Elisabeth Elliot on the topic of feminism vs. femininity:
“And here I must make a confession. Almost everything that constitutes an issue in modern American life I view from the vantage point of ‘peasants’ in a Stone-Age culture where I once lived. I’m always asking myself, ‘What would those people make of all this? Where would I begin to try to explain it to them?’ This exotic perspective does, in a way, throw a clearer light on the basics that helps me assess the issues. […] I lived with jungle Indians of South America who expressed their masculinity and femininity in a variety of ways, never pretended that the differences were negligible, and had no word for role. The femininity of woman was a deep-rooted consciousness of what she was made for. Their power did not lie in being equal with men but in being women.”
I admire Elisabeth Elliot so much because she shamelessly spouts old fashioned and conservative views in such a matter-of-fact way in a culture where nothing is a fact anymore, “old-fashioned” is synonymous with “ignorant” and “conservative” with “oppressive.” But she’s a free thinker and always has been. I mean, she left for the jungles of Equador as a single woman in the 1940’s, before Donna Reed had even hit her golden age. She deviated from the path most would have chosen for her, of creating a home and a family for a hard-working husband. Instead, she became educated in linguistics and helped create a written language for the Quicha Indians so as to translate the Bible for them. She is definitely one of my heroes because she just doesn’t care what other people think. I’m not even close to that point yet. The other day as I was listening to one of Erwin McManus’s podcasts, he talked about how his son was struggling with the ridicule he faces because his dad is somewhat of a controversial figure. Erwin’s response was, “I’m sorry to cause you pain, Aaron, but I’m always going to be a free-thinker.” That just sounds so noble to me. It inspired me to stop censoring myself so much, even on this blog. I’m always wondering, “Is this too Christian? Too secular? Too intellectual? Too superficial?” Sometimes I deal with my Bible college breeding and stop myself from saying or writing certain things, trying to be aware of my “witness” and how a “good Christian” should look, sound, think, etc. I want to throw that out the window! A year out of college, I’m starting to realize that none of that has anything to do with the fact that God created me and loves me and chose to have a relationship with me. It’s time to start focusing on what’s really important…I’ll let you know how it goes.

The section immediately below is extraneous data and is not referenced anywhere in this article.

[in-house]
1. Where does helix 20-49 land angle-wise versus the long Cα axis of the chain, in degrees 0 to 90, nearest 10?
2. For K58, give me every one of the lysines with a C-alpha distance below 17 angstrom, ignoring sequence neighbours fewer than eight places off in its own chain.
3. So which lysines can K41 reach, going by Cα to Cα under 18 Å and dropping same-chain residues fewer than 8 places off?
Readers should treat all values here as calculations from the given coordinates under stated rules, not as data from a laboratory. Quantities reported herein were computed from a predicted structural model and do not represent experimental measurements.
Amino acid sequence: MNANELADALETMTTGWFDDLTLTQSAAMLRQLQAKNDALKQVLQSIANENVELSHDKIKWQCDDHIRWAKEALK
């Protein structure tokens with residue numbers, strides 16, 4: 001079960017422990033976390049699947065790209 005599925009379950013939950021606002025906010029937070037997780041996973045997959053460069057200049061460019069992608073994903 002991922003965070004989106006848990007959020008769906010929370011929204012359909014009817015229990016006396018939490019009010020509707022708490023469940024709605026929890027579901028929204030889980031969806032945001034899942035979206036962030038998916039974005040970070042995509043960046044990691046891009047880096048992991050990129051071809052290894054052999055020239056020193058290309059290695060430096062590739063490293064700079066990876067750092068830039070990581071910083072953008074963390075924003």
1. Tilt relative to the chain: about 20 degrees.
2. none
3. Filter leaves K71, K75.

P.S. Click here for Elisabeth’s full article.